Current DateSeptember 27, 2021

Why are my periods so heavy?

Every woman is different, and so are each woman’s periods. Some women hardly suffer from their periods, while others suffer greatly from it, so much so that it disrupts their normal lives. This is due not only to typical ailments such as abdominal cramps, bloating, and headaches but also to the abundant blood loss that many women suffer during this period of the month.

All too often, these women resign themselves to their fate or do not realize that there may be an underlying problem at the root of which there is a solution. A visit to the gynecologist is therefore definitely recommended if you yourself suffer from severe blood loss during your periods.

What are heavy periods?

How do you know when your periods are more severe than average? Not really something you can measure, is it? According to medical standards, periods normally last 2 to 7 days (an average of 4 days) and are about 35 to 40 mL in volume. A volume of more than 80 mL is considered abnormal.

Since it is difficult to measure, today most doctors consider menstruation problematic based on symptoms or if it negatively affects the quality of life of the patient.

Is your period so heavy that it affects your physical, emotional, and social life? Do you often have to miss school or work during your period? Can you go more than an hour without a new sanitary pad or tampon? Does the result of a blood draw indicate an iron deficiency?

Then your periods are probably problematic and you should visit your gynecologist.

Talk to your doctor

Periods are not a disease after all… Then why do I have to go to the doctor? You’re not the only one asking this question. According to a study conducted in the UK, 74% of women wait more than a year before making an appointment with their doctor due to complaints of severe blood loss during menstruation.

However, your doctor can help you identify the cause of the heavy periods and thus look for a way to relieve or eliminate your symptoms. The most well-known causes of severe blood loss are the presence of polyps or endometriosis, but it may as well be that you have a blood clotting disorder.

Such a clotting disorder, with von Willebrand’s disease as the most common, is a rare disease, but apparently still the culprit in 20% of all women who suffer from severe blood loss during menstruation.

Main causes of heavy periods

To be able to treat menorrhagia and benefit from appropriate treatment, you must first identify the causes:

Excess estrogen

Heavy periods can be linked to hormonal fluctuations (excess estrogen, insufficient progesterone, etc.). The ovaries produce estrogen which allows the development of the endometrium (the epithelial layer that lines the inner walls of the uterus). If estrogen is secreted in excess, the endometrium tends to thicken too much, causing heavier periods.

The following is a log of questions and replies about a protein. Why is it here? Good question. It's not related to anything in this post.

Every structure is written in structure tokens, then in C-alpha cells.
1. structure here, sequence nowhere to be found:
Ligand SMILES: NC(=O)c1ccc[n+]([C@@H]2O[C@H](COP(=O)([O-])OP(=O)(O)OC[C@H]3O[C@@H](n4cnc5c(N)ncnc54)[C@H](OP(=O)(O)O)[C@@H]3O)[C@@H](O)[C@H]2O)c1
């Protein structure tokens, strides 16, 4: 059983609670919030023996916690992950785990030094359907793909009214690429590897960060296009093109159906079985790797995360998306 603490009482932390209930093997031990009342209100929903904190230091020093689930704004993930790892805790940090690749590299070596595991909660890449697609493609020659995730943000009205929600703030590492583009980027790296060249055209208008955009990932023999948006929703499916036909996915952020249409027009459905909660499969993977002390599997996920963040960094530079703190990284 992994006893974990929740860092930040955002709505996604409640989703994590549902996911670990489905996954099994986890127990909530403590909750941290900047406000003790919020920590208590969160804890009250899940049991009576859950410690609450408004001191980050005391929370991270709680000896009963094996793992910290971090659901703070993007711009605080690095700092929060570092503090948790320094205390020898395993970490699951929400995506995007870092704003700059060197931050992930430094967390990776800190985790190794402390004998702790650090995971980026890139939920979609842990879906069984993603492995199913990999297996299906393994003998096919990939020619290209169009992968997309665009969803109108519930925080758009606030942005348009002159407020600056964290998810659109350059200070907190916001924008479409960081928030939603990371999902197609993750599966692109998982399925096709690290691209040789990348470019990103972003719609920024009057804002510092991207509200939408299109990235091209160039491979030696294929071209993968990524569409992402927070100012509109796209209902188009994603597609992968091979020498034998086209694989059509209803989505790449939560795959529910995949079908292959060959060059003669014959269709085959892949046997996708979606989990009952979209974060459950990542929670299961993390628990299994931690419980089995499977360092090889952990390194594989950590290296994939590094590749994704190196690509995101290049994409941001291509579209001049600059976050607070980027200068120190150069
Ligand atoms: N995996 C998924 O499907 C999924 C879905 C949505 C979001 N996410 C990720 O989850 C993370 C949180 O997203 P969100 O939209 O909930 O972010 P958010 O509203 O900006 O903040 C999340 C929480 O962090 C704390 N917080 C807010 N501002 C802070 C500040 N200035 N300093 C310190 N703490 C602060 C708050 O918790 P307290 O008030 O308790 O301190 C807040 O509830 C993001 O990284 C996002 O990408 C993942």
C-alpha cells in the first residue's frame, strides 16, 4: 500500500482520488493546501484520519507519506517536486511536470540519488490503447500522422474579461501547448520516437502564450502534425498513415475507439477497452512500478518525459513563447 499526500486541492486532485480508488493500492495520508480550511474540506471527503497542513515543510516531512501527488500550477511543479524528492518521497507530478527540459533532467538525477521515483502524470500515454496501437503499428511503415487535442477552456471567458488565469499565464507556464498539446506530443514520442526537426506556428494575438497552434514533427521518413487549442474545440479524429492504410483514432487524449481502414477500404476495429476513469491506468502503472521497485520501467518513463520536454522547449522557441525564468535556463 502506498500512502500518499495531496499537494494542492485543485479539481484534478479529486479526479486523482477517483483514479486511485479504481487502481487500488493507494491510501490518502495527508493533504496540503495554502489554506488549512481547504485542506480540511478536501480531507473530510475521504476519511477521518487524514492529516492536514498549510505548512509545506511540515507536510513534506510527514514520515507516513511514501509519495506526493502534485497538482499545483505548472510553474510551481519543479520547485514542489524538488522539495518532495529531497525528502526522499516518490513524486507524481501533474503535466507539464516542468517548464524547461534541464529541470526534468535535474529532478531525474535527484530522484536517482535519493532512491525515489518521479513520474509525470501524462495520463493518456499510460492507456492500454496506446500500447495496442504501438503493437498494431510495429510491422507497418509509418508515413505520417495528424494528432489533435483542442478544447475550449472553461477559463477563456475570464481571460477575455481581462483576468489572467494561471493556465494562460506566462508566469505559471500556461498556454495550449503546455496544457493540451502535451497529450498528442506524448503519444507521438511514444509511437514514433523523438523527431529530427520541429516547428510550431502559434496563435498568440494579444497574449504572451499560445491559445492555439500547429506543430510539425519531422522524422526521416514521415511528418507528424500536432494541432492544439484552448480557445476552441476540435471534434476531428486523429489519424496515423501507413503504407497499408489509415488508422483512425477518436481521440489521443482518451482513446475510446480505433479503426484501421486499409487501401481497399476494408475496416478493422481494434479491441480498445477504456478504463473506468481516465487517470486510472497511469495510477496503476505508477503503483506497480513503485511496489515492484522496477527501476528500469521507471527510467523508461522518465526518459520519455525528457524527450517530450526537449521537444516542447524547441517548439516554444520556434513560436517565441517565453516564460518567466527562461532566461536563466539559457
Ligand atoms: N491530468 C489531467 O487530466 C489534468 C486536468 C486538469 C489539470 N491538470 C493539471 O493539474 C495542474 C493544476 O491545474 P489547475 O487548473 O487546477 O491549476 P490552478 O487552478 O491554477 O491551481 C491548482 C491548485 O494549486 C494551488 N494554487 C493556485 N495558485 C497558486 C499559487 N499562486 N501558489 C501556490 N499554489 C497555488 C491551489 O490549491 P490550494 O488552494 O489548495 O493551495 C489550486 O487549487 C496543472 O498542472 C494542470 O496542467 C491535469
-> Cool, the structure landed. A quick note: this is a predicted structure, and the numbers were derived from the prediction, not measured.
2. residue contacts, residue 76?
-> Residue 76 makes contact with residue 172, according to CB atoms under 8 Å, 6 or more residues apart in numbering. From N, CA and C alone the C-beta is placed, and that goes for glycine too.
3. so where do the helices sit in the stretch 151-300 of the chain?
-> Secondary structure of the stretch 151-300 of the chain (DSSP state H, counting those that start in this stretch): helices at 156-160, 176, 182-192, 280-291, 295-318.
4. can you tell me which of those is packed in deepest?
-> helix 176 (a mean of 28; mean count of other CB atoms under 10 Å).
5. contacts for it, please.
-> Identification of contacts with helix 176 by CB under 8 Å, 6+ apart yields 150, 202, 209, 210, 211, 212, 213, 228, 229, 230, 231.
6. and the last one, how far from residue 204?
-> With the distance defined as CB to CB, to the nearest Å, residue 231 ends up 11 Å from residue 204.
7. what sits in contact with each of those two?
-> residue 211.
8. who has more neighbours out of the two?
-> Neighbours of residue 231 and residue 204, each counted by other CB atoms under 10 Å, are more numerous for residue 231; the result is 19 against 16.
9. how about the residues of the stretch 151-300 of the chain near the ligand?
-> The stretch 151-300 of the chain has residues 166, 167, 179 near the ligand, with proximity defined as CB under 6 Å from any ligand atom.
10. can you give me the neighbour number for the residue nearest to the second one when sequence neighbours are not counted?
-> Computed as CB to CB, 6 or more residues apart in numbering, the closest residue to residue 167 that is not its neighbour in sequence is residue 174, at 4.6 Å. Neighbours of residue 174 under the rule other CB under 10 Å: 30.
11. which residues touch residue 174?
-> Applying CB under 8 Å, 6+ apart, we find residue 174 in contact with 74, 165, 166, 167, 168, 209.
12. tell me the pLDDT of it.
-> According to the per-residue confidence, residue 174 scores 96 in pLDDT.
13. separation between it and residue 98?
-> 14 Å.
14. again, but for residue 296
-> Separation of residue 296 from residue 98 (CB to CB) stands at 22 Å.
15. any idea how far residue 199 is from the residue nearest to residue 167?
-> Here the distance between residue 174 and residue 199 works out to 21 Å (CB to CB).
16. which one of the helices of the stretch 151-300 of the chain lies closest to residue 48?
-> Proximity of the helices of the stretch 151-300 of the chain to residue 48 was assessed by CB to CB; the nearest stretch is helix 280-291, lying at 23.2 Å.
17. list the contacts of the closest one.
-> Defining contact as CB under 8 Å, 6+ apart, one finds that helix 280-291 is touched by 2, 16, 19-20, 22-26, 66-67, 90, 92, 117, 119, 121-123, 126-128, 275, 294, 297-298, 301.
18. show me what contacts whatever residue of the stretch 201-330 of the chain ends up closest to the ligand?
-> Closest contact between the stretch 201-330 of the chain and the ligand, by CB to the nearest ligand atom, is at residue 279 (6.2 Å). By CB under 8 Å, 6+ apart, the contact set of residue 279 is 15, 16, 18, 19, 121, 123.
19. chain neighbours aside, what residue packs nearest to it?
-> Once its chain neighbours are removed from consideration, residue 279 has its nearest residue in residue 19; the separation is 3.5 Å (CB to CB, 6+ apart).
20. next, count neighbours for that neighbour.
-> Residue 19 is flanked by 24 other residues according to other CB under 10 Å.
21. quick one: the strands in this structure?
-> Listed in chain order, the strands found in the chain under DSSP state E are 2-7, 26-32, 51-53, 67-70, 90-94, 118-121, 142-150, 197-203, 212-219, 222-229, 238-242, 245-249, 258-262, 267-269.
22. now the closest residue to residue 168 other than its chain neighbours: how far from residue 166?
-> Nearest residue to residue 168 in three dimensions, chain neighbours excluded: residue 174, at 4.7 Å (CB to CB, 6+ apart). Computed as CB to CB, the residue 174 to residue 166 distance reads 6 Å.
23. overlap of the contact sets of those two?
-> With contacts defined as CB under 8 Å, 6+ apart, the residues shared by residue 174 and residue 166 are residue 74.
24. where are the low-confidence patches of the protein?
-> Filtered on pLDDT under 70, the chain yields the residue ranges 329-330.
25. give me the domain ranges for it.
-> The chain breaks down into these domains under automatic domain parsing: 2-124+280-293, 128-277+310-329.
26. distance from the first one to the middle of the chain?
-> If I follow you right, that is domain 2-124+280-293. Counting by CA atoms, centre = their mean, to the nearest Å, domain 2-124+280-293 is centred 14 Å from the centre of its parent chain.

The presence of a tumor

The presence of benign tumors such as polyps or uterine fibroids can cause heavier periods. These benign tumors grow on the lining of the uterine cavity.

Adenomyosis

The presence of adenomyosis, a form of endometriosis that is characterized by the development of endometrial cells inside the uterine wall, or other endometrial pathology (atrophy, hyperplasia, cancer) can cause heavy periods. 

Willebrand’s disease

More rarely, too heavy periods can be linked to an abnormality in blood coagulation (Willebrand’s disease for example). In this case, the personal and family medical history of hemorrhage (bleeding from the nose or gums, easy bruising) can guide the diagnosis. 

Pregnancy-related pathologies

Heavy periods can reveal a pregnancy-related pathology in pregnant women or women of childbearing age. In a proven pregnancy, menorrhagia may be a sign of an ectopic pregnancy, a spontaneous miscarriage, or a molar pregnancy. 

Wearing a copper IUD

Wearing a copper IUD can lengthen the duration of periods, make them heavier and lead to iron deficiency, especially in vegan and vegetarian women. If you have unusual pain or bleeding between periods, you should talk to your doctor. 

Symptoms of a coagulation disorder

Of course, not every woman with severe menstrual bleeding should immediately think of a clotting disorder, but if you also regularly suffer from other ailments, such as one or more in the list below, we do recommend that you talk to your doctor about it.

  • You suffer from bruising very quickly and often.
  • Your gums bleed heavily after a dental procedure.
  • You had very severe bleeding after you gave birth.
  • You suffer from very frequent nosebleeds.
  • You are suffering from an iron deficiency

Since coagulation disorders are often hereditary diseases, it is best to also check whether there are family members with the same symptoms. That could be your mom or an aunt, who, like you, suffers from severe blood loss during their periods, but also a male relative who struggles to heal from bleeding on the nose, gums, or after surgery.

I have some of these symptoms

Do you recognize yourself in what’s written here? Then don’t hesitate and visit your doctor to talk about your complaints. Too many women still do not dare to talk openly about their menstrual problems or do not realize that a solution can often be found, in the form of therapy, a medicine, or an operation that can help them get rid of the symptoms. Let a doctor’s visit be the first step in improving your quality of life.